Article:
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HomeTopicsExpat LivingThe Colorful World of Knock-Off Fashion in Costa Rica

The Colorful World of Knock-Off Fashion in Costa Rica

I live in one of the knock-off capitals of Costa Rica. Walking around town today I saw three different men, in three different parts of town, all wearing the same t-shirts with variations on the Levi Dockers logo. None resembled the actual Dockers logo. At the largest Ropa Americana in the city center, I saw a variety of nice quality t-shirts with logos from Nike to Adidas to Lacoste to Calvin Klein. The prices are the giveaway. Brand name designer tees for three thousand colons. I bought several a while back. They are of decent quality and good for exercise or lounging around the house.

Every t-shirt has an imperfection that caused it to fail inspection for sale in the US and Euro markets. Most of mine have the same error – a tiny emblem of the logo, that is supposed to be on the sleeve of the shirt, is instead in some weird location elsewhere, such as the back or lower front area. Those are the ones that don’t make it to the intended market and are instead sent to the t-shirt dumping grounds down this way.

The flawed shirt that is otherwise of quality is one of the types of knock-offs found here. Another type is the blatant counterfeit. Years ago, when a designer named Tommy Hilfiger was big, we were inundated with products bearing the name Tonny Hilifer. There were shirts, shorts and of course, the unforgettable Tonny Jeans. Not Tommy but Tonny. Same logo, same colors and design, different name. There were no meaningful copyright laws here, so it was not unusual to see clothing and accessories with a familiar looking name or logo that had been slightly altered.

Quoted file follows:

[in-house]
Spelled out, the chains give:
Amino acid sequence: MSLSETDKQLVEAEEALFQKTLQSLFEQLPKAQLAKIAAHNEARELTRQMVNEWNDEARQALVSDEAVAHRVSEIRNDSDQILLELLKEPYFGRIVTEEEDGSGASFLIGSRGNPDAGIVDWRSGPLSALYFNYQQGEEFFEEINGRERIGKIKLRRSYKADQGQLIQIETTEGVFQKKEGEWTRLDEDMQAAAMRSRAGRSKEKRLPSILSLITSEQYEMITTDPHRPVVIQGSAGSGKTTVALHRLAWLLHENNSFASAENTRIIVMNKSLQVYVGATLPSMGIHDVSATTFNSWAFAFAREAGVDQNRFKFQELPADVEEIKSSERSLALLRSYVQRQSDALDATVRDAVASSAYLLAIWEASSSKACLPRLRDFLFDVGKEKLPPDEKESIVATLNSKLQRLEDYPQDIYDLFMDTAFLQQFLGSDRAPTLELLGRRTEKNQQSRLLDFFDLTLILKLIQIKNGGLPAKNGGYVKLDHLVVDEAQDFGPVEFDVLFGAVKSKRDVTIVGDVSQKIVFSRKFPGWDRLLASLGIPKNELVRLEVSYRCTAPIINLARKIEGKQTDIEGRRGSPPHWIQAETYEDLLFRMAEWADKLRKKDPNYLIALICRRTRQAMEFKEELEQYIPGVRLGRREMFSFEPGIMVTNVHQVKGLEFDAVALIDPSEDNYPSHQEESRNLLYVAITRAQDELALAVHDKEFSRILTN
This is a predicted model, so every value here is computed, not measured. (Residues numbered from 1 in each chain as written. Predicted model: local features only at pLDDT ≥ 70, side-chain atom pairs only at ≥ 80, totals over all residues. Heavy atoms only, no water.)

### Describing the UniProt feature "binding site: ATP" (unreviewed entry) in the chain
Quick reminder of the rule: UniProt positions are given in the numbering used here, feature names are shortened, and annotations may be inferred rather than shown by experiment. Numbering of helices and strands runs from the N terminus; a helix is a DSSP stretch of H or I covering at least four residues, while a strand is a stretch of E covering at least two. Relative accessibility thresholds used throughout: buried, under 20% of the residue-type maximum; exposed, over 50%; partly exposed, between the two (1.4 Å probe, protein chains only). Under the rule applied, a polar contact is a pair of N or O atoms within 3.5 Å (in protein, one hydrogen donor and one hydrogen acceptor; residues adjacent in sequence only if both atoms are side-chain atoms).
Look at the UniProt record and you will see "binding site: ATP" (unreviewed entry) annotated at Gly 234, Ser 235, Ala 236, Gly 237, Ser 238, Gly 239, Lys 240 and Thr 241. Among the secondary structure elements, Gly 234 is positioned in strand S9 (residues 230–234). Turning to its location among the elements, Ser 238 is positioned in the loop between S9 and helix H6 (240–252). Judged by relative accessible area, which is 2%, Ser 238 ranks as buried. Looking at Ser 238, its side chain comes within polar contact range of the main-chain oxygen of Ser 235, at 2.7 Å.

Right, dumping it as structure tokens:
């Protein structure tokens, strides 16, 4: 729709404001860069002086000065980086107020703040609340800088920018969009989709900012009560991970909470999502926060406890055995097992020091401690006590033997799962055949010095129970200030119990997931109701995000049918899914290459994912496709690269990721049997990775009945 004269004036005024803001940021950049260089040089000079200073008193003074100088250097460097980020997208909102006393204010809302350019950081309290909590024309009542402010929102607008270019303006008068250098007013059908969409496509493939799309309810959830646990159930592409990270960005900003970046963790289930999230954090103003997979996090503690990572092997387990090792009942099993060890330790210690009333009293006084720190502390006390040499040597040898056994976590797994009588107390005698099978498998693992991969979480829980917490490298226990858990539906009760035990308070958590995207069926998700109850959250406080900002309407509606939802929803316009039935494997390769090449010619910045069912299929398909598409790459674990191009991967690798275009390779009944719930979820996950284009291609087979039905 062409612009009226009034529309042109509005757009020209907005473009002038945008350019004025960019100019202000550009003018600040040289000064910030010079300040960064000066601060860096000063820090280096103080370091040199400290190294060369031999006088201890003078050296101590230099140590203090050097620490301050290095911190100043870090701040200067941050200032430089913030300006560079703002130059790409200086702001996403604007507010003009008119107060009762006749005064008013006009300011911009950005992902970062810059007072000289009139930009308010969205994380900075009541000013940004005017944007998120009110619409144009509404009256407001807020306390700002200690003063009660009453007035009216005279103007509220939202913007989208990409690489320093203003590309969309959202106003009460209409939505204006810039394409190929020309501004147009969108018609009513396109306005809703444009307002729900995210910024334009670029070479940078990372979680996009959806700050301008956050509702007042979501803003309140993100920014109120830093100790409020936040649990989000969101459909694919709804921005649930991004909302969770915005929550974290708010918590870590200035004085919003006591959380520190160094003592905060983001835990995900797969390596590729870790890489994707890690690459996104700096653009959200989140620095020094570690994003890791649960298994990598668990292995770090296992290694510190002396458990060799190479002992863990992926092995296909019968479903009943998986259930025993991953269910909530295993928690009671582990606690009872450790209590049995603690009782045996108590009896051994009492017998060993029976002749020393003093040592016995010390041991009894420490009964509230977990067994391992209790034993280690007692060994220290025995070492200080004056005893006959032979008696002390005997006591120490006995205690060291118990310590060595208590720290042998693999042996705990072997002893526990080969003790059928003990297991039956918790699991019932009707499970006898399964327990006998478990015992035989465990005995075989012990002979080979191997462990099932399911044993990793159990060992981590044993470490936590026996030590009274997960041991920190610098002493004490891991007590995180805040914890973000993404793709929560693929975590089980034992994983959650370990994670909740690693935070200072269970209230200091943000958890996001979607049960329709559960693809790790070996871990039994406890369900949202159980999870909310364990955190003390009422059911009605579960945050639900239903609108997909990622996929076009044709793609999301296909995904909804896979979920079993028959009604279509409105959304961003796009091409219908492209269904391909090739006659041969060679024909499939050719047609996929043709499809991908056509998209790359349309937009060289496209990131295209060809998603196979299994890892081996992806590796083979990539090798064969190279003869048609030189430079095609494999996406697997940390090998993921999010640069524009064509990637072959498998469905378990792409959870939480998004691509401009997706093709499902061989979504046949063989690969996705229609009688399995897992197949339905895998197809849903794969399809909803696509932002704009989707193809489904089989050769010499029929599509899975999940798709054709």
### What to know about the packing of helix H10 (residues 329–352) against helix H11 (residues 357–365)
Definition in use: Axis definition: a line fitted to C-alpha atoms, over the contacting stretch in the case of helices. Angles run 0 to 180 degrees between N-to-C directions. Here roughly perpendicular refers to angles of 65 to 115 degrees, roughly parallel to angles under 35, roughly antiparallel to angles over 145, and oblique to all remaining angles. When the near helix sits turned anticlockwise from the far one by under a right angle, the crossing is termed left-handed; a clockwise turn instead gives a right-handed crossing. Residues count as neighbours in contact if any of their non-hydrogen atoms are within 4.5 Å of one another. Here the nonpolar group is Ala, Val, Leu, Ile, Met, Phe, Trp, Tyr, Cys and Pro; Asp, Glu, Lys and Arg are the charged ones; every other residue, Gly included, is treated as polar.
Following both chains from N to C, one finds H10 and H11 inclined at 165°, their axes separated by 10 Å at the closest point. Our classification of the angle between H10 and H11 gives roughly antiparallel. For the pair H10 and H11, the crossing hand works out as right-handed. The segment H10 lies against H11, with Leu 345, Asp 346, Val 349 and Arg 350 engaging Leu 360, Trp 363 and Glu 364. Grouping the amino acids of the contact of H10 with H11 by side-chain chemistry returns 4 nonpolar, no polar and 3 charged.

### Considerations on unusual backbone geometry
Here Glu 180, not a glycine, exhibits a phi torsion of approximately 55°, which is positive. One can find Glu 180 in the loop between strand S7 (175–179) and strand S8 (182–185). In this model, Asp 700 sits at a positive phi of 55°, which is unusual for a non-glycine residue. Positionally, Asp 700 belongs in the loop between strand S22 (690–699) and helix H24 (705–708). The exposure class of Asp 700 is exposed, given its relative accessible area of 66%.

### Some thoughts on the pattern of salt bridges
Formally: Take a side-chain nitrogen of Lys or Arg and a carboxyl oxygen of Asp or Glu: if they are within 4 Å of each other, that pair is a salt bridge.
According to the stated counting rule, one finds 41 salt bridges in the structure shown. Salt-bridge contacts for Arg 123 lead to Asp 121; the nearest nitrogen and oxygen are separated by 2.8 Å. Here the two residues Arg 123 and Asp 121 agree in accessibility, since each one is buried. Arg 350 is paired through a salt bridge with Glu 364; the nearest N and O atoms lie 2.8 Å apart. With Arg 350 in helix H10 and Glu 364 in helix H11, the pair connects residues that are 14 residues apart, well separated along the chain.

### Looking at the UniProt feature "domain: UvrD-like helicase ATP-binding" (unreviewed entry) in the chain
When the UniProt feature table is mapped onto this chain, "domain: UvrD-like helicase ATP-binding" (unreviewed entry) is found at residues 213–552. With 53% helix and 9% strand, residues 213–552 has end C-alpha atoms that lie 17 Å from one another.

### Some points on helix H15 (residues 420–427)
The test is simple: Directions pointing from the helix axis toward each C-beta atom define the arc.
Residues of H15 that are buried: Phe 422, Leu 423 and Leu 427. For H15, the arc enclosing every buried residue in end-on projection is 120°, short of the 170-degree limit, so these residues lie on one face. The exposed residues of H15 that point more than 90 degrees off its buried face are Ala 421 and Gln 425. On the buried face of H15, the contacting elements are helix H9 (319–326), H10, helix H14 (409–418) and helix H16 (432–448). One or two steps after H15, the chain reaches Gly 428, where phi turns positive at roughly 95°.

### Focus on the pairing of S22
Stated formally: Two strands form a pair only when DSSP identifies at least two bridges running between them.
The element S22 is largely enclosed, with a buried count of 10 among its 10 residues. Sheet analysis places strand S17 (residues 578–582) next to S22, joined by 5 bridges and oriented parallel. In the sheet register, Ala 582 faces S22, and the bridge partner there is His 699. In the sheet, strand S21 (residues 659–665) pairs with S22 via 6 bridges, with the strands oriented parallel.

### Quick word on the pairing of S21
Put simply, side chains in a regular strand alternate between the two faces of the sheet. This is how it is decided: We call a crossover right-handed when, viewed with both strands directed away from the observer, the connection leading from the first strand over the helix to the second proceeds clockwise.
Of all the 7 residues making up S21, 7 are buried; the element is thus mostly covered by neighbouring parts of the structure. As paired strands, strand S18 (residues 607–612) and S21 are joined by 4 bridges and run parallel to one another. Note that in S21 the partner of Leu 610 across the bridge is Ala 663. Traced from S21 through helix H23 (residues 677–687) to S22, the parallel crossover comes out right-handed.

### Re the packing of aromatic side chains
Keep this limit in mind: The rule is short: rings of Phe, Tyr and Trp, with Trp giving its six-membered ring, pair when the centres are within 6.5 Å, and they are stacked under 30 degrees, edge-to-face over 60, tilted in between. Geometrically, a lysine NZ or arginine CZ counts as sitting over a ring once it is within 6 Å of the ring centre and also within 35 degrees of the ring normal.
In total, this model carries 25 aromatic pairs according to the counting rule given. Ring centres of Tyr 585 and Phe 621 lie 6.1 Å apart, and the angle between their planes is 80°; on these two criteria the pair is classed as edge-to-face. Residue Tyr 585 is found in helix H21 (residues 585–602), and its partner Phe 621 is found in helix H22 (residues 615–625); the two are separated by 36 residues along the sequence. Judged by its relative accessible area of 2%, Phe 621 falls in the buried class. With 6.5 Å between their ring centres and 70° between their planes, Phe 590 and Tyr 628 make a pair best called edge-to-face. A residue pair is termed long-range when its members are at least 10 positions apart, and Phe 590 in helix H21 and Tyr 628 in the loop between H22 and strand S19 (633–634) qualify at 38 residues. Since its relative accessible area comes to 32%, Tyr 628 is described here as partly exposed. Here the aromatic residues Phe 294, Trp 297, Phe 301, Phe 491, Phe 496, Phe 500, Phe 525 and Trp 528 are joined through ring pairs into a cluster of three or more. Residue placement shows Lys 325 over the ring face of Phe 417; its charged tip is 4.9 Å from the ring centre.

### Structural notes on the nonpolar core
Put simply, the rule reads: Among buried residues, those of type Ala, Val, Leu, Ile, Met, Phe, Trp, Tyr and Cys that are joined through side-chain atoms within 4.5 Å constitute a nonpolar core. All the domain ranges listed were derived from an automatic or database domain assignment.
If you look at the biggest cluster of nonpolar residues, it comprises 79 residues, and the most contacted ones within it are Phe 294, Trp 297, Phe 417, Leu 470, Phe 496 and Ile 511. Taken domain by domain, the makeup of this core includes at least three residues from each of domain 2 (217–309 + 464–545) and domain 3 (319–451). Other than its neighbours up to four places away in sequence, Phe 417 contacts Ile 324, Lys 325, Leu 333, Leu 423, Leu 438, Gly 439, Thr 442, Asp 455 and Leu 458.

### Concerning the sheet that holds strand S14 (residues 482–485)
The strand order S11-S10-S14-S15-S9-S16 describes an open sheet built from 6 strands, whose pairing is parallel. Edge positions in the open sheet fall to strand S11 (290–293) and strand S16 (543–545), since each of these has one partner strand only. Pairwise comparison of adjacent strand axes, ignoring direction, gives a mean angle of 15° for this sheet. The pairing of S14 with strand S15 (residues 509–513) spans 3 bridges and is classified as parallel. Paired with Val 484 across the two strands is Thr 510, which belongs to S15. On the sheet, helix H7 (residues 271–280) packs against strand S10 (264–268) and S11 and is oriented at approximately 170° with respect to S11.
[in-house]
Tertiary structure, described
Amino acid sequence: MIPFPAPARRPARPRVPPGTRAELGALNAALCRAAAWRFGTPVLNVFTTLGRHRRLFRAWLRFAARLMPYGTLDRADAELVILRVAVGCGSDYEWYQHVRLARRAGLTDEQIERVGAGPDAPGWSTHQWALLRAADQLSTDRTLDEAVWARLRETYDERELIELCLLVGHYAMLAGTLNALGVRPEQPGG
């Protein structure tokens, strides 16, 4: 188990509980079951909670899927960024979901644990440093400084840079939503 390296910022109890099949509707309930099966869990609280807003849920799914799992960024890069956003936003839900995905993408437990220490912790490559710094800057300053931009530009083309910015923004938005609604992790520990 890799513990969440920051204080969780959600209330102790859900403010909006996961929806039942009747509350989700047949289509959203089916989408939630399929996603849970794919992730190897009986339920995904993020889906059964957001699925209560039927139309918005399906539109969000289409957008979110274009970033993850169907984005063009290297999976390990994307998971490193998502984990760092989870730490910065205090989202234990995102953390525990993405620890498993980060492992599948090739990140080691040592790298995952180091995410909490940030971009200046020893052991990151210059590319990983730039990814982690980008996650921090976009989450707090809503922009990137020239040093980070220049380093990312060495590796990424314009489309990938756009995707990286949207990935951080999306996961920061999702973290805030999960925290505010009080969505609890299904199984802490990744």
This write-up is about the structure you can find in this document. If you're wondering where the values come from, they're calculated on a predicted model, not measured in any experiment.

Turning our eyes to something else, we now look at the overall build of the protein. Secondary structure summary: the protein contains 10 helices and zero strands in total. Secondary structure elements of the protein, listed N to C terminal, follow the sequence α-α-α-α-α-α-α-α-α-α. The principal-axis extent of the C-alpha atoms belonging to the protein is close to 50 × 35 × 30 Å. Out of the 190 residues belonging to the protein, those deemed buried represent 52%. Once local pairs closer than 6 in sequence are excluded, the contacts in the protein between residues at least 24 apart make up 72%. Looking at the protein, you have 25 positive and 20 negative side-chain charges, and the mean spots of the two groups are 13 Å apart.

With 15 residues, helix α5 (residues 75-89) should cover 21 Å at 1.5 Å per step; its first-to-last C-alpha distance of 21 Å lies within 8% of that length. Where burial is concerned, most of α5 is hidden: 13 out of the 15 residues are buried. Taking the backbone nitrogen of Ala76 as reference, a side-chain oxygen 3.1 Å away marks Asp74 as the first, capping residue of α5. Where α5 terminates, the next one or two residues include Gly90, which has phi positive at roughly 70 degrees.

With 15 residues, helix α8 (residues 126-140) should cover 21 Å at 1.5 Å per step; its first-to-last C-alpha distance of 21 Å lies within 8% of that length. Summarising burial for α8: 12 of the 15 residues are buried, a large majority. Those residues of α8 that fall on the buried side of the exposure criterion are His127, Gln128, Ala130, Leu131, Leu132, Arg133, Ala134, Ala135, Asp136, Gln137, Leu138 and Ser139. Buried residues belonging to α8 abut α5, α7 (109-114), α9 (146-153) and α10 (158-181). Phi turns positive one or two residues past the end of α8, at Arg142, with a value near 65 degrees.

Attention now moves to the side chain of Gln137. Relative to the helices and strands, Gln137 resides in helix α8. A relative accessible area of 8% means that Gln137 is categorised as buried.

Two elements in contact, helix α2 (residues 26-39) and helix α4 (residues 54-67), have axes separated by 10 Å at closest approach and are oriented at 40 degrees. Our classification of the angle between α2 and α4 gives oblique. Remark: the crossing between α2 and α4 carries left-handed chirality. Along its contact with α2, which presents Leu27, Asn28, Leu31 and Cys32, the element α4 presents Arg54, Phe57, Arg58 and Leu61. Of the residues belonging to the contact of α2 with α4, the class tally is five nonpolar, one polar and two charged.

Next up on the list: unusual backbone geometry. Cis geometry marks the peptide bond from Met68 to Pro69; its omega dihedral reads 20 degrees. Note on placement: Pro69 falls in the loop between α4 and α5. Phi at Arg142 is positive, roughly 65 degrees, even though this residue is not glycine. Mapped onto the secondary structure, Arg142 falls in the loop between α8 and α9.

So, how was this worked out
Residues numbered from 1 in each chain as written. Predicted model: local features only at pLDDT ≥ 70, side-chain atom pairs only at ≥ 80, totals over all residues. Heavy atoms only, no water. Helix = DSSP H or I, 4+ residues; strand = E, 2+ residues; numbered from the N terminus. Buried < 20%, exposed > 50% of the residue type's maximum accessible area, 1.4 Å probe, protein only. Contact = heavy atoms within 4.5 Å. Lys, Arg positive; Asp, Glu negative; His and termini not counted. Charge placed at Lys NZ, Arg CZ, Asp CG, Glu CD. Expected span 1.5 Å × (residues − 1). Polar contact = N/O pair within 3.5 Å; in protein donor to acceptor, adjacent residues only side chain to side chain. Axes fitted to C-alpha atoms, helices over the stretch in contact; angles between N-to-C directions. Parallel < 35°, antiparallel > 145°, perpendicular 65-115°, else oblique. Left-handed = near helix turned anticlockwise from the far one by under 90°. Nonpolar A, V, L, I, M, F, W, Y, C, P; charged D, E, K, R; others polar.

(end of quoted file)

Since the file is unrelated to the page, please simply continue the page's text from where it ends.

There are also the pre-made incorrect sports champion shirts. Prior to a major sporting event such as the Super Bowl or World Series, there will be thousands of tees produced with both competing teams announced as the champion. As only one can win, the shirts with the loser’s name will be dumped throughout the globe.

For four consecutive years back in the 90s, the Buffalo Bills had shirts proclaiming them as Super Bowl champs, and for four consecutive years they lost, which meant a good portion of the non-American football following world must have believed the Bills were an all-time sports dynasty.

One such shirt was my introduction to this phenomenon here. I still remember stopping the fellow who was wearing it and trying to explain that the Bills weren’t champs. He was not interested. To him it was just a nice quality shirt with a bunch of indecipherable English printed on it.

Other cheap tees will feature incomprehensible slogans in English. If you would like to see some examples, go to this website: My personal favorite in my collection is one that combines misuse of a logo with a nonsensical slogan.

Featuring the familiar Nike swoosh, it is overlaid with the slogan ‘Life and Crime’, then below, in smaller letters, ‘Just Fucking Do It’. There is something about this shirt that just screams Made in an East Asian Sweatshop. I have only worn it once, and that was for a joke photo to post on Facebook. I have seen it worn by others on the street on a couple occasions though.

So let the buyer beware. Make sure that brand name is spelled correctly, the emblem is in the right place, and that the team your shirt celebrates actually won their championship.

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